HUSL--Help oUr Students Learn

A place for teachers to place strategies that help our students become effective learners. * Does being an effective student mean being an effective READER? * Setting Purpose * Signals of confusion in reading

Thursday, October 13, 2005

Use Background Knowledge
Students often forget that they have a lot of information already stored away. Making connections to what they already know makes learning a new concept easier.
Purpose: Students reflect on what they already know about a task or topic so that it is easier to learn and understand new information. The strategy helps them see the connection between what they know and what they are learning.
Examples:
Language Arts – The Lord of the Flies – Goal: Identify themes of the novel.
Ask the class to imagine themselves as a group of students who has taken over Arapahoe; there are no adults and they have no access to anything outside of the school. What do you think would happen? Students would use knowledge of their peer group to determine what might happen and how they would create a hierarchy.

Science – Goal: Identify ecological biomes
Students are asked to list different places that they have been on vacations and trips. How where the areas different? What was the weather like? What kinds of animals did they see? What kind of vegetation did they see?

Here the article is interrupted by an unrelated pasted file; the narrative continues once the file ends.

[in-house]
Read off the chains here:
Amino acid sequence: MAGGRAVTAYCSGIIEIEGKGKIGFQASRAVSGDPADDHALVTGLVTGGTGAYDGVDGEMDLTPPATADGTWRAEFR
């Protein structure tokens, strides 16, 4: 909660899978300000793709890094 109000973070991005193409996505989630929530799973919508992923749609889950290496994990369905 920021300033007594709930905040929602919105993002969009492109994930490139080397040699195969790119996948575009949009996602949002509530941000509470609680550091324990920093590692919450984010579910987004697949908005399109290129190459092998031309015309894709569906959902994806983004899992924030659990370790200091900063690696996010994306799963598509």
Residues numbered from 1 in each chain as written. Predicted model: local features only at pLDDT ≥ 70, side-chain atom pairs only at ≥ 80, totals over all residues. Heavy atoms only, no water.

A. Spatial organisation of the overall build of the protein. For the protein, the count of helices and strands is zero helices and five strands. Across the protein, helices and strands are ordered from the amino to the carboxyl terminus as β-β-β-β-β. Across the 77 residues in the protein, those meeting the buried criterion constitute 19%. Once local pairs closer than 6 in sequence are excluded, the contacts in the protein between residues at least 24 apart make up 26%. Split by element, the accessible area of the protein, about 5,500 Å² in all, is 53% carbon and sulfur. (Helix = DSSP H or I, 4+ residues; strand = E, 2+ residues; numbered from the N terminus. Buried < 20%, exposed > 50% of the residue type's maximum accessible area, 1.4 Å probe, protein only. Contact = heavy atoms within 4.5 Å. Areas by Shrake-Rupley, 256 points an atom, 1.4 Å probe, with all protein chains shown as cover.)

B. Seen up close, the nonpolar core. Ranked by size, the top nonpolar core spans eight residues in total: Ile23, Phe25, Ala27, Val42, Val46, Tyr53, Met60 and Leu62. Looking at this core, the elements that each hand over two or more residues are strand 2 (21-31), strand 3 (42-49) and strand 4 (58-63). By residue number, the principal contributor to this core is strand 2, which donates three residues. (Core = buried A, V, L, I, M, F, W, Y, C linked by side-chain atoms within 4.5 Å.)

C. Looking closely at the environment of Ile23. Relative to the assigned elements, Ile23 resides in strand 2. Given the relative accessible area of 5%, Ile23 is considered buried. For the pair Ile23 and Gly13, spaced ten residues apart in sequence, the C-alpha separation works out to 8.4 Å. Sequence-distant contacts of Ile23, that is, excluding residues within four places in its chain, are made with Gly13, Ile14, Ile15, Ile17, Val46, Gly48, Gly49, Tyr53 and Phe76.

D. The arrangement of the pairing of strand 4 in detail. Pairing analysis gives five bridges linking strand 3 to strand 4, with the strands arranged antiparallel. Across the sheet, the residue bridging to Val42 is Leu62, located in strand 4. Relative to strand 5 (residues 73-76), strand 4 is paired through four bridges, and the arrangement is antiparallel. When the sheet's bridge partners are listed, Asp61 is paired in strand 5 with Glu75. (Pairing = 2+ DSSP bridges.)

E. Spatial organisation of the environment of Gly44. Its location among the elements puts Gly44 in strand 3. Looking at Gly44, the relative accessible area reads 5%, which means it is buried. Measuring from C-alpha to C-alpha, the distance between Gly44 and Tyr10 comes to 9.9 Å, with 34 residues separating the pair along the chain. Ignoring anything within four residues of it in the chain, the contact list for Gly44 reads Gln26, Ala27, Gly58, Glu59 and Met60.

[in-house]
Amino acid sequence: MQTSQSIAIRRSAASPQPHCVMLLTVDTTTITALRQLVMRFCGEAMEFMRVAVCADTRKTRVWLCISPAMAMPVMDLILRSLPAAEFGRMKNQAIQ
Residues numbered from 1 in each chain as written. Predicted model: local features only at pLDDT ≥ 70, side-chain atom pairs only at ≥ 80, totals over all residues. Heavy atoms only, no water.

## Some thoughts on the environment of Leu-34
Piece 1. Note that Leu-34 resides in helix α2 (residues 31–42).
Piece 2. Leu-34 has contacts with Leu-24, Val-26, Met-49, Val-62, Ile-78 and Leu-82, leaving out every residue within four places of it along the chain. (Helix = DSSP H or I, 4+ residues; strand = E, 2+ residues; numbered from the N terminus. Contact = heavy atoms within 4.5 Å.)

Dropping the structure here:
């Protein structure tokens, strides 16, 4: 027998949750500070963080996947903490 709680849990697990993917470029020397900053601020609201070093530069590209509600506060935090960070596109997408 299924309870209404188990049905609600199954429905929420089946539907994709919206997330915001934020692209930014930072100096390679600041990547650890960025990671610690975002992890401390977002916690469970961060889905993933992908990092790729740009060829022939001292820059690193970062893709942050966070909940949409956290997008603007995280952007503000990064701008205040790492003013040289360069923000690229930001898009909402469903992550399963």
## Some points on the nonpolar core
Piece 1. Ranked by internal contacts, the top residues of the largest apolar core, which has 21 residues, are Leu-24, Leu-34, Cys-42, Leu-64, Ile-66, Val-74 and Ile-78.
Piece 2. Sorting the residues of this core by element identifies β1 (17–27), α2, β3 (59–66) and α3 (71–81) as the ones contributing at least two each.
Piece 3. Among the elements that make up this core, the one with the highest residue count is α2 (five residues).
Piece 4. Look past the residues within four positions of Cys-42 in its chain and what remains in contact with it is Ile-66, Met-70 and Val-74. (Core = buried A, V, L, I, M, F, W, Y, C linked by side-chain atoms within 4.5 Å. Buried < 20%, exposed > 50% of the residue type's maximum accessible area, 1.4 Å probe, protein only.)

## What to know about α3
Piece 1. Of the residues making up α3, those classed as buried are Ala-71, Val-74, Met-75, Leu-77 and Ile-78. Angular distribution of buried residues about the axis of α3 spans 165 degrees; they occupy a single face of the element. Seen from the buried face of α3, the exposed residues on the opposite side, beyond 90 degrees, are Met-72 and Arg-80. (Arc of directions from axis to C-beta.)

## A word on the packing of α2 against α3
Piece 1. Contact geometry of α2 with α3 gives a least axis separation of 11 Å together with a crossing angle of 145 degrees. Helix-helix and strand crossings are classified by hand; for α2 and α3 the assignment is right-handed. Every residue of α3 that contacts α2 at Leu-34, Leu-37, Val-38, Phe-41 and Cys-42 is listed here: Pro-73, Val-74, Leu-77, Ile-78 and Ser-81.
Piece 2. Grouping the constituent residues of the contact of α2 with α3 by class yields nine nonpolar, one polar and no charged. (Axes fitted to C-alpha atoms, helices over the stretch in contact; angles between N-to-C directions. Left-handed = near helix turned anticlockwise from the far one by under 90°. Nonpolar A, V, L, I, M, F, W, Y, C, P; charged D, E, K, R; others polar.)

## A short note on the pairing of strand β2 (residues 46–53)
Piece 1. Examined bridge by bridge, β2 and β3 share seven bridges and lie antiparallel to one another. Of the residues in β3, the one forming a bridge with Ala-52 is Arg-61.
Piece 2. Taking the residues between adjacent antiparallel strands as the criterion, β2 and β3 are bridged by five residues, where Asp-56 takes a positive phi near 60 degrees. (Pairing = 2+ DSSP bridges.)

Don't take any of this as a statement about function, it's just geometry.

Social Studies – Goal: Identify the effect of new inventions on the industrial revolution.
Ask students to think about new innovations in technology in the last ten years – i.e., iPods, DVD, internet access, etc. How have these innovations changed their lives? How do they think changes made during the industrial revolution might have effected peoples’ lives?

Friday, October 07, 2005


Setting purpose--
This is an easy way to help students understand the purpose of their reading, their homework, and why we are asking them to do what we do. Once I have started communicating the purpose of assignments to my students, it first focused my purpose for the assignment and made me outline and focus what I wanted the students to learn and get out of a text, an assignment, etc.

According to Cris Tovani in I Read It, but I Don’t Get It, “A reader’s purpose affects everything about reading. PURPOSE determines what’s important in the text, what is remembered, and what comprehension strategy a reader uses to enhance meaning.”

When teaching PURPOSE, have the students ASK:
~ How does this prepare me for a discussion of main ideas?
~ Am I looking for details to support a specific position?
~ Am I identifying steps in a process?
~ Am I recognizing the causes and effects of a particular event?

For post-reading, students should self-evaluate how reading with a specific purpose in mind improved their comprehension and enabled them to stay focused.